United States District Court, N.D. Alabama, Southern Division
MEMORANDUM OPINION AND ORDER
K. KALLON UNITED STATES DISTRICT JUDGE.
Bowman, proceeding pro se, asserts a hostile work environment
claim under Title VII against the City of Birmingham. The
court has for consideration the City's Motion to Dismiss,
doc. 3, which is fully briefed, docs. 7, 8, 10, and ripe for
review. For the reasons explained more fully below, as to the
portion of Bowman's complaint not barred by res judicata,
the City's motion is due to be denied.
STANDARD OF REVIEW
Federal Rule of Civil Procedure 8(a)(2), a pleading must
contain “a short and plain statement of the claim
showing that the pleader is entitled to relief.”
“[T]he pleading standard Rule 8 announces does not
require ‘detailed factual allegations,' but it
demands more than an unadorned,
Ashcroft v. Iqbal, 556 U.S. 662, 678 (2009) (citing
Bell Atl. Corp. v. Twombly, 550 U.S. 544,
555 (2007)). Mere “labels and conclusions” or
“a formulaic recitation of the elements of a cause of
action” are insufficient. Iqbal, 556 U.S. at
678 (citations and internal quotation marks omitted).
“Nor does a complaint suffice if it tenders
‘naked assertion[s]' devoid of ‘further
factual enhancement.'” Id. (citing
Bell Atl. Corp., 550 U.S. at 557).
Rule of Civil Procedure 12(b)(6) permits dismissal when a
complaint fails to state a claim upon which relief can be
granted. “To survive a motion to dismiss, a complaint
must contain sufficient factual matter, accepted as true, to
state a claim to relief that is plausible on its face.”
Iqbal, 556 U.S. at 678 (citations and internal
quotation marks omitted). A complaint states a facially
plausible claim for relief “when the plaintiff pleads
factual content that allows the court to draw the reasonable
inference that the defendant is liable for the misconduct
alleged.” Id. (citation omitted). The
complaint must establish “more than a sheer possibility
that a defendant has acted unlawfully.” Id.;
see also Bell Atl. Corp., 550 U.S. at 555
(“Factual allegations must be enough to raise a right
to relief above the speculative level.”). Ultimately,
this inquiry is a “context-specific task that requires
the reviewing court to draw on its judicial experience and
common sense.” Iqbal, 556 U.S. at 679.
because the Plaintiff is pro se, the court must construe the
complaint more liberally than it would pleadings drafted by
lawyers. Hughes v. Rowe, 449 U.S. 5, 9 (1980).
“Pro se pleading are held to a less stringent
standard than pleadings drafted by attorneys and will,
therefore, be liberally construed.” Boxer X v.
Harris, 437 F.3d 1107, 1110 (11th Cir. 2006).
Bowman's second lawsuit against the City related to his
employment. See Bowman v. City of Birmingham, No.
17-CV-255-AKK (“Bowman I”). The vast
majority of the facts alleged in the current complaint repeat
the contentions made in Bowman I. See doc.
2. Thus, the court will only recount the allegations that are
new to this lawsuit.
October 2017, during a mediation hearing related to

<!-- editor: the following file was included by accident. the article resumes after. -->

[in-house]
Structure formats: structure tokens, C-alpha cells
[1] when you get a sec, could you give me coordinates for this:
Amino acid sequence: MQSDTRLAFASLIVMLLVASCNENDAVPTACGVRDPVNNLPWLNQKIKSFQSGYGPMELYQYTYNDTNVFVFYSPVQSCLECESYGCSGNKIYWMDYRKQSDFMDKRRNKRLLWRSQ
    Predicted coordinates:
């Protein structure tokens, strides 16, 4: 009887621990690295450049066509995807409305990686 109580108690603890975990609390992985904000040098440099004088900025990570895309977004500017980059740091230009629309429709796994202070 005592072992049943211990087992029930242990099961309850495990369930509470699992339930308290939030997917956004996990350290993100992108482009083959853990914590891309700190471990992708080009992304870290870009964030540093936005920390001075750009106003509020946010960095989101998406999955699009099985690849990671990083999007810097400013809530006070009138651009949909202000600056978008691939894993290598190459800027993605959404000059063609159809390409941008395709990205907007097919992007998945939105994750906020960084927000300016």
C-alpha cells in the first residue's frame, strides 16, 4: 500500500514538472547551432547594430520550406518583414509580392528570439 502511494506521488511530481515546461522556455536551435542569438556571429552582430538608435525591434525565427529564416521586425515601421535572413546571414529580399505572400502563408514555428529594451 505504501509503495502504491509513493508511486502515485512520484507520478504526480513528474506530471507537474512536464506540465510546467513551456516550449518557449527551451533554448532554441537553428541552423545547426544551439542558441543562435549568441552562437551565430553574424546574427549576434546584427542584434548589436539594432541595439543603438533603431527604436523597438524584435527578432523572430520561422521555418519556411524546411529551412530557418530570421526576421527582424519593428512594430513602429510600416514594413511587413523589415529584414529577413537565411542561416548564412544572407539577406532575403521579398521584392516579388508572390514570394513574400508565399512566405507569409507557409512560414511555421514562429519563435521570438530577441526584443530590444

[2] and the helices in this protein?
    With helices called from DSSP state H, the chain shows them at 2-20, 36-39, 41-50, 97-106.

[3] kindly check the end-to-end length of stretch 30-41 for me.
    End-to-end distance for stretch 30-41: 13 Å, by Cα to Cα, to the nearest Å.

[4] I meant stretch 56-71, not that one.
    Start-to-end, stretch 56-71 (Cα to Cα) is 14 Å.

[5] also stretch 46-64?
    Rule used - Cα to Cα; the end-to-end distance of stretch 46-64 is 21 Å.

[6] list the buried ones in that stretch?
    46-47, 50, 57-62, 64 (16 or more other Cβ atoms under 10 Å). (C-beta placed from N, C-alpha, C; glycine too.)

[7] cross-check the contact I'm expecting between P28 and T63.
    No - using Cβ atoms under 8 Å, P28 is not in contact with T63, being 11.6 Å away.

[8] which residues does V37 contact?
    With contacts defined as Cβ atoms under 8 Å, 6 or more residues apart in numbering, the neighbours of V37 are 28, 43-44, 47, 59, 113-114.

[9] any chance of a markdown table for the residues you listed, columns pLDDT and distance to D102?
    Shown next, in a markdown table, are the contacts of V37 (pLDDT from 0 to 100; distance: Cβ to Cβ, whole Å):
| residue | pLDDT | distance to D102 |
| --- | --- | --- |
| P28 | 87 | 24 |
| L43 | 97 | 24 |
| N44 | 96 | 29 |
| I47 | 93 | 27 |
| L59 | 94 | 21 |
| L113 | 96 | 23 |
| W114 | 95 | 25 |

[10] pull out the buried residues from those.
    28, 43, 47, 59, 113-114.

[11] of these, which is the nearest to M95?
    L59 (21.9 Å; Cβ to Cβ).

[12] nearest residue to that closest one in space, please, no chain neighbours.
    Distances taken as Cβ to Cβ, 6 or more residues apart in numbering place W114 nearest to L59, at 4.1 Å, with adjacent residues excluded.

Bowman I, the City falsely accused Bowman of using
his work email account for personal purposes and demanded
that Bowman resign and accept a settlement offer for $5, 000,
or face a disciplinary hearing and termination. Doc. 2 at 35.
After Bowman rejected the settlement offer, his supervisor
issued him a written reprimand for the email infraction.
Id. at 35-36. These actions led Bowman to file an
EEOC charge alleging a retaliatory hostile work environment.
Doc. 2 at 36-37. Allegedly, the City retaliated further by:
(1) temporarily assigning Bowman the responsibilities of a
maintenance manager without promoting him to that position,
(2) denying a request to work on a Saturday, and (3)
instructing him to work as a cashier during one event while
assigning management roles to less qualified employees.
Id. at 37-38. As a result, Bowman filed this
lawsuit, pleading a retaliatory hostile work environment
claim under Title VII.
City seeks to dismiss this lawsuit on the grounds that (1)
res judicata bars portions of Bowman's claim, (2) the
City's conduct during mediation is inadmissible to
support Bowman's claim, and (3) Bowman fails to state a
hostile work environment claim. Doc. 3. The court addresses
each argument in turn.
stated previously, this is Bowman's second lawsuit before
the undersigned. Given that the allegations here overlap
with Bowman I, the court begins its analysis with
the City's contention that the doctrine of res judicata
bars portions of Bowman's claim. This doctrine bars a
subsequent action if: “(1) the prior decision was
rendered by a court of competent jurisdiction; (2) there was
a final judgment on the merits; (3) the parties were
identical in both suits; and (4) the prior and present causes
of action are the same.” Davila v. Delta Air Lines,
Inc., 326 F.3d 1183, 1187 (11th Cir. 2003) (quoting
Jang v. United Techs. Corp., 206 F.3d 1147, 1149
(11th Cir. 2000)). The res judicata bar pertains not only to
the claims actually raised in the prior action, but also to
existing claims that were not raised. Trustmark Ins. Co.
v. ESLU, Inc., 299 F.3d 1265, 1271 (11th Cir. 2002). In
determining whether the prior and present causes of action
are the same, the court must decide whether the actions arise
“out of the same nucleus of operative fact, or [are]
based upon the same factual predicate.” In re Piper
Aircraft Corp., 244 F.3d 1289, 1297 (11th Cir. 2001)
(internal quotation marks omitted), cert. denied sub nom.
TDY Indus., Inc. v. Kaiser Aerospace & Elec. Corp.,
534 U.S. 827 (2001).
extent Bowman's new claim implicates conduct that
occurred prior to the filing of Bowman I, all four
res judicata factors apply. First, the court properly
exercised jurisdiction over Bowman I pursuant to 42
U.S.C. §§ 1981 and 1983. See doc. 1 in
Bowman I. Second, the court dismissed Bowman
I on the merits, satisfying step two. See doc.
57 in Bowman I. Third, the parties are identical, as